In the longest study of what led men to live happily and successfully to a ripe old age, guess what trait they were most likely to have in common? The lives of 268 men who entered Harvard College in 1937 were tracked for seventy-two years in The Harvard Study of Adult Development. Those who made it into middle and old age as “happy” and “healthy” shared seven traits: mental adaptability to changes in life, advanced education, stable marriage, not smoking, not abusing alcohol, getting some exercise, and maintaining a healthy weight.
Yet one factor was more important than any of these: Attention to relationships.
When the primary investigator on this study for over 40 years, psychiatrist, George Vaillant, was asked, “What have you learned?” he quickly answered, “that the only thing that really matters in life is your relationships with other people.” It was the social life of these men, he said, “not intellectual brilliance or parental social class” that led to their living successfully to a ripe old age.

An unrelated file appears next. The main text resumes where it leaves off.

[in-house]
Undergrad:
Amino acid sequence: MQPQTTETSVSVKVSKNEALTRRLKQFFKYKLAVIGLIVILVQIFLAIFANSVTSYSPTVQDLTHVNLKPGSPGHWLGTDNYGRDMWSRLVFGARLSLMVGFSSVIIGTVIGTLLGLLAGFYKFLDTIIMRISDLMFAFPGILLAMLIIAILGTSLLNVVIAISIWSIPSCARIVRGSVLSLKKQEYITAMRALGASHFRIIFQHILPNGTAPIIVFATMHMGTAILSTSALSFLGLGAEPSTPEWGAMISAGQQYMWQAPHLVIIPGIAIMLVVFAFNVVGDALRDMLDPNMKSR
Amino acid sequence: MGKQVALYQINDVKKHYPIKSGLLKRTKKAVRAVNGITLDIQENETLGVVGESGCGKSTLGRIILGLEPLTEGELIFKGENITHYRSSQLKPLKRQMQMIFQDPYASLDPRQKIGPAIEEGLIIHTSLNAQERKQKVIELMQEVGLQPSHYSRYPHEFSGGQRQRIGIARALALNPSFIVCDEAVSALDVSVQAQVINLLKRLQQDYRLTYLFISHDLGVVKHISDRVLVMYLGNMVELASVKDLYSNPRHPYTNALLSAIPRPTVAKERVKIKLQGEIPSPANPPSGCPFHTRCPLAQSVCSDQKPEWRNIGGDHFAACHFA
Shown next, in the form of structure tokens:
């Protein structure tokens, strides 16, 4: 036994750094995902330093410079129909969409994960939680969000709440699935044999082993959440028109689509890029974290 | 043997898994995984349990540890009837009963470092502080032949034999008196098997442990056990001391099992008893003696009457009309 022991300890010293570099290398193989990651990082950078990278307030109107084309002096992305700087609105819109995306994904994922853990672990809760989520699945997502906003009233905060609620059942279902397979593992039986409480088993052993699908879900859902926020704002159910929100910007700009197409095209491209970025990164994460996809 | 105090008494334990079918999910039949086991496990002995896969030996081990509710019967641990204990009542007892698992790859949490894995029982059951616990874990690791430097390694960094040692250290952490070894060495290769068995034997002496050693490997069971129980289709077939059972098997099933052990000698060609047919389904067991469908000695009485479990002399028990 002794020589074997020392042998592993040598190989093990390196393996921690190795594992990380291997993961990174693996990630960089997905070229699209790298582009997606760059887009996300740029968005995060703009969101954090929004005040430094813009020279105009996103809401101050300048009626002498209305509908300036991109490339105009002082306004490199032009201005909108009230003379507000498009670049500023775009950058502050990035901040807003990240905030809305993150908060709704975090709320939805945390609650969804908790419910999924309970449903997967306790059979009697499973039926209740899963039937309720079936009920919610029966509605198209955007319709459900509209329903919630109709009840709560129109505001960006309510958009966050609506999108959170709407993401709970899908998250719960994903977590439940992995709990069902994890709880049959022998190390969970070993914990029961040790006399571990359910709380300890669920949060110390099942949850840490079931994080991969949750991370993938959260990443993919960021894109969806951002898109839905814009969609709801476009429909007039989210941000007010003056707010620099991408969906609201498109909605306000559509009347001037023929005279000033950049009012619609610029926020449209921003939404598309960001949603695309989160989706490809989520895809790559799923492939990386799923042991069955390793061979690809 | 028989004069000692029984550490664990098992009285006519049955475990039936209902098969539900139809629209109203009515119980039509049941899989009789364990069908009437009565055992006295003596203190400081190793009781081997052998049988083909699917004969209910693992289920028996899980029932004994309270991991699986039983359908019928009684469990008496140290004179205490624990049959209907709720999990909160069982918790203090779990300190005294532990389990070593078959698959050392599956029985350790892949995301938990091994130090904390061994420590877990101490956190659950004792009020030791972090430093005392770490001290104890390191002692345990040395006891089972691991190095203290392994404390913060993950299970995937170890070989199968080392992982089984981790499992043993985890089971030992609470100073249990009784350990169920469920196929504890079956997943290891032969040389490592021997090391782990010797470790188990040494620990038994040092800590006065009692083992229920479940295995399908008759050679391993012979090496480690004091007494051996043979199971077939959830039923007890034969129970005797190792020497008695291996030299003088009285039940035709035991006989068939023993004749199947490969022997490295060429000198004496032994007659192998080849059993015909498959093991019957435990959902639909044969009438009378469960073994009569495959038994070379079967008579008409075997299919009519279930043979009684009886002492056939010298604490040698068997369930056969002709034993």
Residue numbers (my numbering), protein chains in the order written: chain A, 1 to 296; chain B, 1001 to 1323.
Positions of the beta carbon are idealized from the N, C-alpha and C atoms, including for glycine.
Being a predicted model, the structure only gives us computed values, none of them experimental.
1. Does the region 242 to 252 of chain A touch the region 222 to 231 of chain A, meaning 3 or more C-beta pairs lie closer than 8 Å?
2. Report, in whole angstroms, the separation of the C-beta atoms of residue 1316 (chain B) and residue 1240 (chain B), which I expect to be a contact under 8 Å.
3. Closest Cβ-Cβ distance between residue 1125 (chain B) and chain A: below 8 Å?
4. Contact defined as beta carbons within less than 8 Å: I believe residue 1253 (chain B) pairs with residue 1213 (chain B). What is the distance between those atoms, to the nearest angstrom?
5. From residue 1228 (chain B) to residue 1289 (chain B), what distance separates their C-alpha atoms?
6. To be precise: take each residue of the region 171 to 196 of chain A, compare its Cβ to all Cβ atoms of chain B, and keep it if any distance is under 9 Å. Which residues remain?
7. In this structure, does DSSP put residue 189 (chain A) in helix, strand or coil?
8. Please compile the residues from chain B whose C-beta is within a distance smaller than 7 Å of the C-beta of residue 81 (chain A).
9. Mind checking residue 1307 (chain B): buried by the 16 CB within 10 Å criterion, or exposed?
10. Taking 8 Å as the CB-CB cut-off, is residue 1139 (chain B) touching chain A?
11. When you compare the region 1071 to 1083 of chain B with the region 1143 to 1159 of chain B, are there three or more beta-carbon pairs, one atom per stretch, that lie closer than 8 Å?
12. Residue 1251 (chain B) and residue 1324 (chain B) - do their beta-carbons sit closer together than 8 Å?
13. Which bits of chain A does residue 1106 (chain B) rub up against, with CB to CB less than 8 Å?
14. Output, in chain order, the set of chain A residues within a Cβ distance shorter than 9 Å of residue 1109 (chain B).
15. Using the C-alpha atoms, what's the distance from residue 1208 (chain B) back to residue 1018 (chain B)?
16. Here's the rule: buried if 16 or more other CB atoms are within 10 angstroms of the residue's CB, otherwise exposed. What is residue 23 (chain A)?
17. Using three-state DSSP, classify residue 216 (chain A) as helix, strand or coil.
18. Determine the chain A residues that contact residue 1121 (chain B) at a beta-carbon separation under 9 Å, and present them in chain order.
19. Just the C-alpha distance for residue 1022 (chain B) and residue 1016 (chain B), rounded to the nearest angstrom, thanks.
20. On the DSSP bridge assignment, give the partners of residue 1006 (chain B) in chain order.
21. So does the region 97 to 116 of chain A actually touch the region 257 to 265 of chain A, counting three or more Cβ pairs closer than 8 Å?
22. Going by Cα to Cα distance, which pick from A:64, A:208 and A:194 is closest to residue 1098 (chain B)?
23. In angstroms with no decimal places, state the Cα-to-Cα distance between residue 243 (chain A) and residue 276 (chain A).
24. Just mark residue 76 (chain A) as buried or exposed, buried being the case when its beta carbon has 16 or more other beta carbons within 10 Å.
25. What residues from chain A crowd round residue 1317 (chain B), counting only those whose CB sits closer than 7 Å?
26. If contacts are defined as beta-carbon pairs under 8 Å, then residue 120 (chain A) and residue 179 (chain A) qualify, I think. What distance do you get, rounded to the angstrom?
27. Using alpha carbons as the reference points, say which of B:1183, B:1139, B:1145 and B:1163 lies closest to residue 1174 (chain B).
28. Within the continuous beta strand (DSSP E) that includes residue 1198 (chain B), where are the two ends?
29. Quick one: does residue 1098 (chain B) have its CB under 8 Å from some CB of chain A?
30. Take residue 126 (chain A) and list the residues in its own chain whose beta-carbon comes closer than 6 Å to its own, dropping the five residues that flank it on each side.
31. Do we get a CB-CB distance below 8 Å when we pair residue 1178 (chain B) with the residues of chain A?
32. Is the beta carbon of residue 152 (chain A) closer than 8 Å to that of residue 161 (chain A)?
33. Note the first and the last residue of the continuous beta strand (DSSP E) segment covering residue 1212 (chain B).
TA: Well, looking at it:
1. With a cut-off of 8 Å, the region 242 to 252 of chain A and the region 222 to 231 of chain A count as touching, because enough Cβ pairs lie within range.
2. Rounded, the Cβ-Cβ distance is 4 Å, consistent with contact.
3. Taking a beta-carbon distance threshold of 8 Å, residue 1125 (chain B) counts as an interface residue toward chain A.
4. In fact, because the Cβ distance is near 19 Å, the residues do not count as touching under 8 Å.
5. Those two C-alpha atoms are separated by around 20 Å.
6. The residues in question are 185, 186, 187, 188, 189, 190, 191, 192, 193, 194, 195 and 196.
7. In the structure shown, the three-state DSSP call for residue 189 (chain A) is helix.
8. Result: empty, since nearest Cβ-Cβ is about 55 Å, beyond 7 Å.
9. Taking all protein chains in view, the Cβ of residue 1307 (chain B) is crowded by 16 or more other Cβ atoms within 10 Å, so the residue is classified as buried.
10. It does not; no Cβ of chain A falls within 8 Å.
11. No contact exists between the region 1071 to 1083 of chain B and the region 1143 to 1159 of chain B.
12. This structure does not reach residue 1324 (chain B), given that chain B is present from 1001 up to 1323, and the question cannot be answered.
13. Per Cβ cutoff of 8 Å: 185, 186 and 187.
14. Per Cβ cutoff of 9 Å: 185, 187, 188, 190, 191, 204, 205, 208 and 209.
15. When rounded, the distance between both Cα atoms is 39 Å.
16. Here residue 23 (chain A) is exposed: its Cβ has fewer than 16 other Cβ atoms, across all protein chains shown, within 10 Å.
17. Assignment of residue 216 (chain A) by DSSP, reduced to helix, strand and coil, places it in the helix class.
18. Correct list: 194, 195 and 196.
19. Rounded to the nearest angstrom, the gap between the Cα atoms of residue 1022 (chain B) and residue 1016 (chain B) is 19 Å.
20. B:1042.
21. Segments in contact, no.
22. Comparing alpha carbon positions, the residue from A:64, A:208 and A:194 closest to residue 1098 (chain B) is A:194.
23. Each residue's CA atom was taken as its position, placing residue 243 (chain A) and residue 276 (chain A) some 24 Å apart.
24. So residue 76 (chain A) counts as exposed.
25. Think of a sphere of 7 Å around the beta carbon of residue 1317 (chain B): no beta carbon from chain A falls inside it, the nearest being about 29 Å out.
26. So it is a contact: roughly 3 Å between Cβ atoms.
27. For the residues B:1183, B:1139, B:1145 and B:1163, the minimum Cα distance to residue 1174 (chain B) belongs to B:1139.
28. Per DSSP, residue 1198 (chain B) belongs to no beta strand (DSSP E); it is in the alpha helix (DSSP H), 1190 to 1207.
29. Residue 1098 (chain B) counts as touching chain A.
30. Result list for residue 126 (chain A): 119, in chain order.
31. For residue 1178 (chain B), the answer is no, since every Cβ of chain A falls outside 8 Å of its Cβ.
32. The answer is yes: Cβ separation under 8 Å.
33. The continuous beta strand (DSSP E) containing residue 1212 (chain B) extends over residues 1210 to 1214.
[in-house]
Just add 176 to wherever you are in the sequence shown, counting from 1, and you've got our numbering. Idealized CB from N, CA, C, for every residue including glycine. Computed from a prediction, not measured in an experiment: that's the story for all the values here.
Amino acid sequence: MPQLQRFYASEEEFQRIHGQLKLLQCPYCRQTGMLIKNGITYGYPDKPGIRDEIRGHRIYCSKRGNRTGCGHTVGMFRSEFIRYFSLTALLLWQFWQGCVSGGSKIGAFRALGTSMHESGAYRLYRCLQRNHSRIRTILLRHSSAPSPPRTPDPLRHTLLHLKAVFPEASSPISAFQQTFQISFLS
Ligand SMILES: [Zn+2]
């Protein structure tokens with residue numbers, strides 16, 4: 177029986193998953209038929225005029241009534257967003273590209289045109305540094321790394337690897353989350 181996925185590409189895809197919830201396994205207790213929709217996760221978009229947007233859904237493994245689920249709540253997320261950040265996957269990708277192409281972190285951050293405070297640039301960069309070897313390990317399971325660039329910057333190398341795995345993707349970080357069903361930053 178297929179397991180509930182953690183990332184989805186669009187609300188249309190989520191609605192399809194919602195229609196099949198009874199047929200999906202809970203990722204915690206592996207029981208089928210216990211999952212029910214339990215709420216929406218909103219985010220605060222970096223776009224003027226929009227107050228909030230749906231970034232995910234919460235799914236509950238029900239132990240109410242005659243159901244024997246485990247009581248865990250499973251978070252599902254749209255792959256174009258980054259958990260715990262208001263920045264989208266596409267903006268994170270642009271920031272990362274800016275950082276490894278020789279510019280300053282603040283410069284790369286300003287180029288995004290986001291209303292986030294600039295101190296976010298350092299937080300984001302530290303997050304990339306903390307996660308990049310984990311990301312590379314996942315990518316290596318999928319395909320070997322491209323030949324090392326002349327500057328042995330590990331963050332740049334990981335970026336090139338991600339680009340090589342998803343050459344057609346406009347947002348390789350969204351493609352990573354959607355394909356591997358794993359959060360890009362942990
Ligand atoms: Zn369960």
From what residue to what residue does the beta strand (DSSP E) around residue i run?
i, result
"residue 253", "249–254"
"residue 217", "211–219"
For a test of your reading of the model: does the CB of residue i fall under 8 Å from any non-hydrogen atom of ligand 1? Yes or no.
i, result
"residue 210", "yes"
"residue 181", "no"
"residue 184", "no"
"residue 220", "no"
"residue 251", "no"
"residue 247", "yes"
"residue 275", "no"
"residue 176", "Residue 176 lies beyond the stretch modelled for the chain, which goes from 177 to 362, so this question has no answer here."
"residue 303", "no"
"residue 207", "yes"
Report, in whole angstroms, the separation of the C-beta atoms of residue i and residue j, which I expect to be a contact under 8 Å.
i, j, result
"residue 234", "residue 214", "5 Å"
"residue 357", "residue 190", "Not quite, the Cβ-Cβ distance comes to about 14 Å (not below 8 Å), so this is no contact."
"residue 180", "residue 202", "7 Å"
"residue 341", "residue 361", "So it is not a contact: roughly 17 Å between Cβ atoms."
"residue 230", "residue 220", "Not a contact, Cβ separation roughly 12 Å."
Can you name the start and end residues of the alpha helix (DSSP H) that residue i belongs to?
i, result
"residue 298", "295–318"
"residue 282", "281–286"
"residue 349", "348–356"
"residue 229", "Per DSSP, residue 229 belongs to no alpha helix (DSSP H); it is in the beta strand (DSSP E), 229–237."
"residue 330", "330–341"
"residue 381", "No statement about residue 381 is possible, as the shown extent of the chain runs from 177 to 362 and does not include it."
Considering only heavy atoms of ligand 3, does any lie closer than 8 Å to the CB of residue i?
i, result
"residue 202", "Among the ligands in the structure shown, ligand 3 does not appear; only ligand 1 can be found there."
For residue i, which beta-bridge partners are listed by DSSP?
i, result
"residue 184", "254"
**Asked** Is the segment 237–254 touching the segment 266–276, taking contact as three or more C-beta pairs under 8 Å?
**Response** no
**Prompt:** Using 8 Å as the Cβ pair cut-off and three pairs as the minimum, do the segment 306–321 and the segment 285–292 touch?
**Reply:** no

The creator of Wharton’s popular “Success Course,” G. Richard Shell offers an approach to finding successthat can lead to happiness, with others, in his new book, Springboard. Beyond cultivating close relationships, to feel happy, Shell cites the ineffable feeling one’s doing the right thing, described in two ways:
2. Simcha is a Hebrew word with many interpretations, Shell notes, “from simple joy and satisfaction, to the feeling of spiritual exultation” or what Rabbi Akiva Tatz calls “The experience of the soul that comes when you are doing what you should be doing.”
Double Up on Happiness And Meaning
What if we could behave in ways that enabled us to combine both the cultivation of close relationships and eudemonia /simcha experiences? Here are three possible ways – and I’d love to hear your ideas.
1. Use Best Talents With Others On What Matters Most
Forge activity-based relationships with individuals who are radically different than you in background, temperament, beliefs, expertise or other ways, yet share a strong sweet spot of mutual interest…. See the rest of the story at Forbes.